Divorce is a complex legal procedure, and spouses may search for ways to simplify it in any way they can. If you and your spouse know you want to divorce, you may dread the complex legal process and financial changes ahead, and both of you may decide you want an easier way to approach your divorce. By opting to file for an uncontested divorce, you may find that your divorce is simpler, faster and less stressful than a contested divorce.
Simply wanting an easier divorce does not necessarily qualify you for an uncontested divorce. This option is only for Washington couples who have no remaining disputes to resolve. If you and your spouse are in agreement about the terms of your divorce order and simply want to finalize terms, you may consider this option as you move forward.
Who can get an uncontested divorce?
In order to file for an uncontested divorce, the couple must have no remaining disputes they need to resolve. This means you and your spouse are in agreement on all issues that you must address in your divorce order, including spousal support, property division, child custody, visitation, child support and more. Many couples reach these amicable agreements through discussions and negotiations. However, all uncontested divorce agreements are subject to the approval of the court.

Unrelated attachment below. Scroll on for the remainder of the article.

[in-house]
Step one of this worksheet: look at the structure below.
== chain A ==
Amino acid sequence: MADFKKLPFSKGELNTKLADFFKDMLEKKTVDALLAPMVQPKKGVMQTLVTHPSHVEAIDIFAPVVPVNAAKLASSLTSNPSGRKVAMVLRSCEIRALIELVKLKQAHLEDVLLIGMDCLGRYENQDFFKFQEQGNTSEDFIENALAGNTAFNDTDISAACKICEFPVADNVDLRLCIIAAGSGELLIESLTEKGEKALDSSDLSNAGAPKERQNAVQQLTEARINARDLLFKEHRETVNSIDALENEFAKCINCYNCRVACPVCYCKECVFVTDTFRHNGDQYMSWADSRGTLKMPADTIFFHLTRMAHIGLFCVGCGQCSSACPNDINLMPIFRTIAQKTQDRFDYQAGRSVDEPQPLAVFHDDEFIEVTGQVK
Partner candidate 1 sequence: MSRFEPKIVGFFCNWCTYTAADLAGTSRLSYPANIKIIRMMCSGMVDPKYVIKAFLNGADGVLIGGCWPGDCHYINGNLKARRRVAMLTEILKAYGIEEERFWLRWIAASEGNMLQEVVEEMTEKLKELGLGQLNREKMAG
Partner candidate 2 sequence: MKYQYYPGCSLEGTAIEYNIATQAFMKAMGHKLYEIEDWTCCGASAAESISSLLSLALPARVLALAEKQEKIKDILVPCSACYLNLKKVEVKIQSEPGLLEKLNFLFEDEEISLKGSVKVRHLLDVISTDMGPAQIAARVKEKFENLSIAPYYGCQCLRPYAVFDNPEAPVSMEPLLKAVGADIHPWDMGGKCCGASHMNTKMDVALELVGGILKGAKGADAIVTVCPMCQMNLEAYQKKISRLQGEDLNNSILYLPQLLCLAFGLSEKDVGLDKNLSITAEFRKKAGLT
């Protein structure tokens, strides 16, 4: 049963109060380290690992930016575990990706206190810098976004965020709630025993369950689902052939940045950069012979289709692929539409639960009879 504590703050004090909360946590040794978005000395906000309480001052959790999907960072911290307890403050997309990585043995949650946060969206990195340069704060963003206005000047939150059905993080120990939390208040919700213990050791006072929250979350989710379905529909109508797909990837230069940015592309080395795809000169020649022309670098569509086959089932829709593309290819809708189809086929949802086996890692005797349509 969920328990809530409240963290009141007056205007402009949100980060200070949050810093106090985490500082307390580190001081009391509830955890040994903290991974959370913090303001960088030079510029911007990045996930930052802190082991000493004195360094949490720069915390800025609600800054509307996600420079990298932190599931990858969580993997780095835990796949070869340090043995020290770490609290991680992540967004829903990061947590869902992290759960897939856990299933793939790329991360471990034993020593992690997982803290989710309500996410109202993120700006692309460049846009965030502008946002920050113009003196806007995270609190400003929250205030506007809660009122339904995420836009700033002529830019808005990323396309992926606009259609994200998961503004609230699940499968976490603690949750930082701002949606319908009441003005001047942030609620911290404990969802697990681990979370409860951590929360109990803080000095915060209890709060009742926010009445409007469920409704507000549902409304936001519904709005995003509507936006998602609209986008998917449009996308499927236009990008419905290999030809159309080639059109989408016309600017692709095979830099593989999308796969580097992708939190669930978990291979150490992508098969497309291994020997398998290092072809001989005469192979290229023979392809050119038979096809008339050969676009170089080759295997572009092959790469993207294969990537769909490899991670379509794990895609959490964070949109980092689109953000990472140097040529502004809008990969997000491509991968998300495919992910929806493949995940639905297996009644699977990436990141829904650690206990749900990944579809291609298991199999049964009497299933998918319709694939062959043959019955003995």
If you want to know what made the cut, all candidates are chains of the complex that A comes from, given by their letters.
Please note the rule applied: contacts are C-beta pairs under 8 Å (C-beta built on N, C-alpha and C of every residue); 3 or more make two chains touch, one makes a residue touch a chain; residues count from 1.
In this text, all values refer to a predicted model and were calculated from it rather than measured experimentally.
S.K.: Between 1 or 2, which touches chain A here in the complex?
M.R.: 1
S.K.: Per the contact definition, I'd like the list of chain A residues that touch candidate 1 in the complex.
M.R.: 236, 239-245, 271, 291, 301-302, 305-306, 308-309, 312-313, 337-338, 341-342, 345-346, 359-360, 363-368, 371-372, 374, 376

If your spouse does not agree to the terms, or changes his or her mind at some point, a contested divorce is your only option. While a contested divorce does mean there are remaining disputes you will have to resolve, that does not necessarily mean you will have to go through a contentious and stressful court battle. There are other ways to resolve disputes and reach terms that will allow you to move forward toward a strong and stable post-divorce future.
Protecting your future interests
Your future interests are at stake regardless of how you and your spouse are approaching your divorce. It is possible that an uncontested divorce will allow you to pursue a strong future, but you may find it beneficial to first seek an understanding of all your legal options before you make any important decisions about your future. Whether you have a contested or uncontested divorce, you will be wise to make choices that will make the most sense for your long-term interests.